Thursday in Pictures

Almost done! Black finishing border next.
Young pond slider checking to see if I’ve left yet.
Explorers
Sparrows inspecting my dressage markers.
I bothered a huge fire ant colony by moving an upside down feed tub.
What a beauty.
Pollination process
Flies are also pollinators.
Sunset
Start of the final edge
He makes everything good.

This week has exhausted me. I will be more wordy tomorrow, maybe.

Rolling with Changes

Oh you never know what’s going to happen around here. So today’s agenda changed, but it’s all good!

Since I needed to skip Drew’s lesson today, I just worked with him a few minutes, which made it clear I needed to rearrange my obstacle area, or horse playground. So I moved a lot of barrels, cones, posts, and other objects around to make more riding options.

Tomorrow Tarrin will help me figure this stuff out better and set up a slightly off-sized dressage arena wannabe space to practice for this year’s shows. I just hope I can found one of our many giant tape measures that usually are in plain sight but are now hiding. I may have to run to the hardware store to get one!

Oh I forgot I had this fine sunrise image from this morning

And, as always, I used nature to take my mind off unexpected events. Look at this beauty!

Mmm. Nectar.

And I scared everyone on Facebook by posting what I thought was just a fun photo of a boho bird nest. I didn’t provide enough details so folks thought we were gonna burn the house down.

The lights are disconnected. Sparrows and hermits are safe.

I’m any case, I’m interested to see what tomorrow brings. I’ll be outside at sunset again but not going an hour away in yet another direction. Today we went west, rolling down the highway!

Come on changes! I can take it! I’m flexible!

Excellent Birds! Unusual Plants! Nature Fun!

Today we stayed at Lake Somerville State Park, which was a lovely place to work. I enjoyed my lake view from the mobile office and had no problems with internet or anything like that. I got lots of work done AND saw so many wonderful things on my breaks and after work. I could get used to this.

It’s so great to see NO ONE when camping

I went out early in the morning and was thrilled to see two different bald eagles in trees. It turns out the local high school mascot is the eagles, since there are lots at this lake. It’s always great to see them. And as I went on the walk, I was greeted by additional raptors. I first saw a peregrine falcon, who came out even blurrier than the eagles did, then another merlin showed up. I got to see it really well with the binoculars, even though my photos aren’t great.

But whoa, I did NOT expect the next thing I saw. I was looking at a pretty group of ring-neck gulls through my binoculars when I realized one of those gulls was awfully big. It was a beautiful white pelican! I watched it swimming around and diving for fish for a long time. Then, as I was sitting outside doing a call, I saw a bunch of big, white birds. The pelican had friends. They were a LONG way away, so forgive the blurriness of the photos.

By the way, the sandy outcropping where the gulls and pelicans were also had other cool birds. I saw greater yellowlegs, killdeer, grebes, and two beautiful white birds with black and white wings. They had a black bill and long legs. I swear they are American avocets, though they aren’t supposed to be here right now. I did check, and they have been seen here, so I’m not imagining things.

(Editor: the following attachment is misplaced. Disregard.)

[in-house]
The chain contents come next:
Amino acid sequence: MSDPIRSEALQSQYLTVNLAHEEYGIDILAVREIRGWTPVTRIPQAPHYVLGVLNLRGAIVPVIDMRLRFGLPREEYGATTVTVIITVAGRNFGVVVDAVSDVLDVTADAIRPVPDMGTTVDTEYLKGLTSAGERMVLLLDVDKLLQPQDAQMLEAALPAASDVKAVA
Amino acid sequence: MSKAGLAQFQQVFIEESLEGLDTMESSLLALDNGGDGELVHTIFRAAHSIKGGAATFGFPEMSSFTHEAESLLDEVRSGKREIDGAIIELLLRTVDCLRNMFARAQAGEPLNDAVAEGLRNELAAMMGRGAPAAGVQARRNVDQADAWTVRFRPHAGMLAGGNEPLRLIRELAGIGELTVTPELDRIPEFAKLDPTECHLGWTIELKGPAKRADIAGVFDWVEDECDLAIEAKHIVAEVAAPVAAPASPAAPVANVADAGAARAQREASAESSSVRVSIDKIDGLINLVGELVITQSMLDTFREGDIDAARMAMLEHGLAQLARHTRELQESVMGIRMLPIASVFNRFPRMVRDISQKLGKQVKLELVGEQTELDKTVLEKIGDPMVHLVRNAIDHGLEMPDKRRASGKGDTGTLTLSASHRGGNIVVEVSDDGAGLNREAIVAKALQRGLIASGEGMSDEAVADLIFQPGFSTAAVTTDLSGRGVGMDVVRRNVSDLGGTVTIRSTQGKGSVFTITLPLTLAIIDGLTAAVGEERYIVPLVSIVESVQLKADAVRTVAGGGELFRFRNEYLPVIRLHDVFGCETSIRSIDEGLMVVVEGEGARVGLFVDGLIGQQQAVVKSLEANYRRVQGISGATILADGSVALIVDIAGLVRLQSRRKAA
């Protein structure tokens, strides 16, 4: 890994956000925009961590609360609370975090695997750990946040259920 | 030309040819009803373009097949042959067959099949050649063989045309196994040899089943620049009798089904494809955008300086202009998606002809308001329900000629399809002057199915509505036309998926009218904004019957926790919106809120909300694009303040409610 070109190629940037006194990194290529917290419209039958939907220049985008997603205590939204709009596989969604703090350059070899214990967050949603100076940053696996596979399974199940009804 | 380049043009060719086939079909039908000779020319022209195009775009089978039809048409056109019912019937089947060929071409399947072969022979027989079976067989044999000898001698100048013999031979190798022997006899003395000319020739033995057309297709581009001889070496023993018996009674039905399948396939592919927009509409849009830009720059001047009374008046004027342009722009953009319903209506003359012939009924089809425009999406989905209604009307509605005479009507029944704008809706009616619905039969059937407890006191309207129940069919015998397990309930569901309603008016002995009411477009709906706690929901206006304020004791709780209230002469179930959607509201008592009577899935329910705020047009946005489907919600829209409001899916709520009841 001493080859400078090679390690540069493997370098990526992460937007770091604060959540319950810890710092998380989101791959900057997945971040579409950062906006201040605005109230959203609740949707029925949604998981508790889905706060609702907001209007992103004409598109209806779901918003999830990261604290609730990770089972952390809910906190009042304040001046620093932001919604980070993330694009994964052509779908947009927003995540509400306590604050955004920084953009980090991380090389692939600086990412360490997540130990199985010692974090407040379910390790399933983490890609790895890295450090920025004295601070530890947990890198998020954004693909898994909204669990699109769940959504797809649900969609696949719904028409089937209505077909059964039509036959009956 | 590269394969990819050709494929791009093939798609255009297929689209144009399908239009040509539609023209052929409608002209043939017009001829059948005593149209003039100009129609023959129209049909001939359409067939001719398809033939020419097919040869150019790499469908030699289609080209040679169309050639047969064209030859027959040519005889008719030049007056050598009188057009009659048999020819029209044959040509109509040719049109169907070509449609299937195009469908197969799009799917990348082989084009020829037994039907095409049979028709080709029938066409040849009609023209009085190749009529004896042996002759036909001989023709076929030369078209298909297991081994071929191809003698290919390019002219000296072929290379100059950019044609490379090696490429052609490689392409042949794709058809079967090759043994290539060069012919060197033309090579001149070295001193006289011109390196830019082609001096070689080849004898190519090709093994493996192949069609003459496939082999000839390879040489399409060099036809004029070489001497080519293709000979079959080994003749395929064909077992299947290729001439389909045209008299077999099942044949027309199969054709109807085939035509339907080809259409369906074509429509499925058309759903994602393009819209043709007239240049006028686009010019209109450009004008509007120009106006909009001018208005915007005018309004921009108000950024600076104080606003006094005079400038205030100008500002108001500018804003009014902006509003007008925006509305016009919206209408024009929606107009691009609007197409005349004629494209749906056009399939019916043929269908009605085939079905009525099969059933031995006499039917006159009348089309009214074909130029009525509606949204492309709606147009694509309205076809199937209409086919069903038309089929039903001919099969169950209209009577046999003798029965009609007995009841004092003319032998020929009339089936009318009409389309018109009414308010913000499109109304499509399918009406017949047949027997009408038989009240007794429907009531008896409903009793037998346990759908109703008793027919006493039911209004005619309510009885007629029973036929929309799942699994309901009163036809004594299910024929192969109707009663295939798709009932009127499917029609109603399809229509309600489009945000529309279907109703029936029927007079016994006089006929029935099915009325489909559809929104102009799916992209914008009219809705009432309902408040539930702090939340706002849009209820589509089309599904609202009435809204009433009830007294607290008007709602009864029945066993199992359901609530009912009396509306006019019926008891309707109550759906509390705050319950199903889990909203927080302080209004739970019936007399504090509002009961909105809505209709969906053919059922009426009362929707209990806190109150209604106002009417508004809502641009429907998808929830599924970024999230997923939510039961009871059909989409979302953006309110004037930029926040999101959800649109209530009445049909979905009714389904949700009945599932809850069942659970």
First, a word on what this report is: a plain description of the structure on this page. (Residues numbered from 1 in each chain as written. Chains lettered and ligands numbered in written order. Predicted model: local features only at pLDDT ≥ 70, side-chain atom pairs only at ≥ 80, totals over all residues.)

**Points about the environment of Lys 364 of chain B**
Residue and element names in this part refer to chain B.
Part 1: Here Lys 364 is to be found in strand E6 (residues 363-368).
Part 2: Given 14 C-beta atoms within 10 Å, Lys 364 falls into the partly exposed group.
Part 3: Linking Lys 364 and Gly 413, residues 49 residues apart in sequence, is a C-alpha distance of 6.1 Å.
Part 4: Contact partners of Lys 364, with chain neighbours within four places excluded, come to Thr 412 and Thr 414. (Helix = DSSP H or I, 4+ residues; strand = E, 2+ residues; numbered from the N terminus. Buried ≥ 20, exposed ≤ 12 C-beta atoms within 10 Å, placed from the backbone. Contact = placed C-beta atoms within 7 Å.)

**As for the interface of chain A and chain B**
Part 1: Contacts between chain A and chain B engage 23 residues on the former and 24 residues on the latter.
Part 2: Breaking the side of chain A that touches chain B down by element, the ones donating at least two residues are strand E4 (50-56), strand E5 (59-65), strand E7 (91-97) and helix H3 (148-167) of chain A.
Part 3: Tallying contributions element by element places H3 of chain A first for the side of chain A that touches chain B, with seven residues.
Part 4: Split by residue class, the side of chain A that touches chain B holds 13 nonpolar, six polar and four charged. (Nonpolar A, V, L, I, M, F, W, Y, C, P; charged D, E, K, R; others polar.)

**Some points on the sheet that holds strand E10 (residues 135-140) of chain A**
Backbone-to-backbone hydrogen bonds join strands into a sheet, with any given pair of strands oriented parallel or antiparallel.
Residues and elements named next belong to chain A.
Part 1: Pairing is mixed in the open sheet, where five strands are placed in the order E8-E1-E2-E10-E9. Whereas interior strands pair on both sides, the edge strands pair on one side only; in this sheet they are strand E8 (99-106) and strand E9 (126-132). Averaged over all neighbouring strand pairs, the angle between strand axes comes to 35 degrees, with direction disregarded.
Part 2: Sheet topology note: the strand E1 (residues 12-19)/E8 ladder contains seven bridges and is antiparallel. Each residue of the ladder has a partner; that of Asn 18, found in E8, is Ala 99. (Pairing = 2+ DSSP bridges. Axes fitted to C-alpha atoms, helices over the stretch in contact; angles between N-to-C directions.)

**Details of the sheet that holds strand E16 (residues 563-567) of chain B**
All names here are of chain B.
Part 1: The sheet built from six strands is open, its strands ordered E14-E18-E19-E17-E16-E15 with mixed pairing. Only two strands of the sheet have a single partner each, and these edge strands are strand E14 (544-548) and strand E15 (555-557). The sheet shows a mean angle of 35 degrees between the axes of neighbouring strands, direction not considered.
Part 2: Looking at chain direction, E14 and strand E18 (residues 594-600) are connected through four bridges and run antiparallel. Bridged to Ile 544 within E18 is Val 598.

This is what the birds look like. Borrowed from mombliss on iNaturalist.

As I mentioned yesterday, there are lots of woodpeckers around here. I saw two more types today, a flicker and a big ole pileated woodpecker, which I managed to photograph as it flew off. It’s SO loud. Since I saw the yellow-bellied sapsucker yesterday, it means I saw the smallest and largest woodpeckers in the US!

I also saw lots and lots of chickadees and cardinals. Of the sparrows I saw, I could ID a chipping sparrow and a white-crowned sparrow. There were also phoebes, a yellow warbler, and some very entertaining vultures, both turkey vultures and black vultures. I enjoyed watching them flying, roosting, and preening.

I also saw some butterflies and moths, which surprised me. There were sulphur butterflies, buckeyes, a black or pipevine swallowtail (hard to tell), and lots of little moths. Most of my photos were just blurs. The best insect I saw, though, was a leafcutter ant carrying a leaf it had cut. I’d never seen one of those!

The only mammal I saw was a big, fat squirrel. But I saw evidence of deer and coyotes (plus coyotes woke me up at 5am).

I enjoyed looking at lots of beautiful trees as I hiked and saw excellent mosses as well. Many trees are dead, but lots of them were from when they made the lake and it was higher. I think it will be higher once it rains some more again. The dead trees sure look like they host many types of life. I passed one tree that was literally abuzz with bees and others with holes in them for animals to live in.

And the silence was glorious, at least until a whiny child hiked by. Literally ONE child is in the area, and it’s loud enough to be heard all over. Wow!

I saw one spider, this gray jumping spider

Lee and I are heading home tomorrow in between meetings, but this stay has been so enjoyable and restorative. I’m glad for the chance to travel more.

Hopefully I can see more stuff like beard lichen.
Or whatever this lichen is. So pretty.

Nature: Good Role Model for Resilience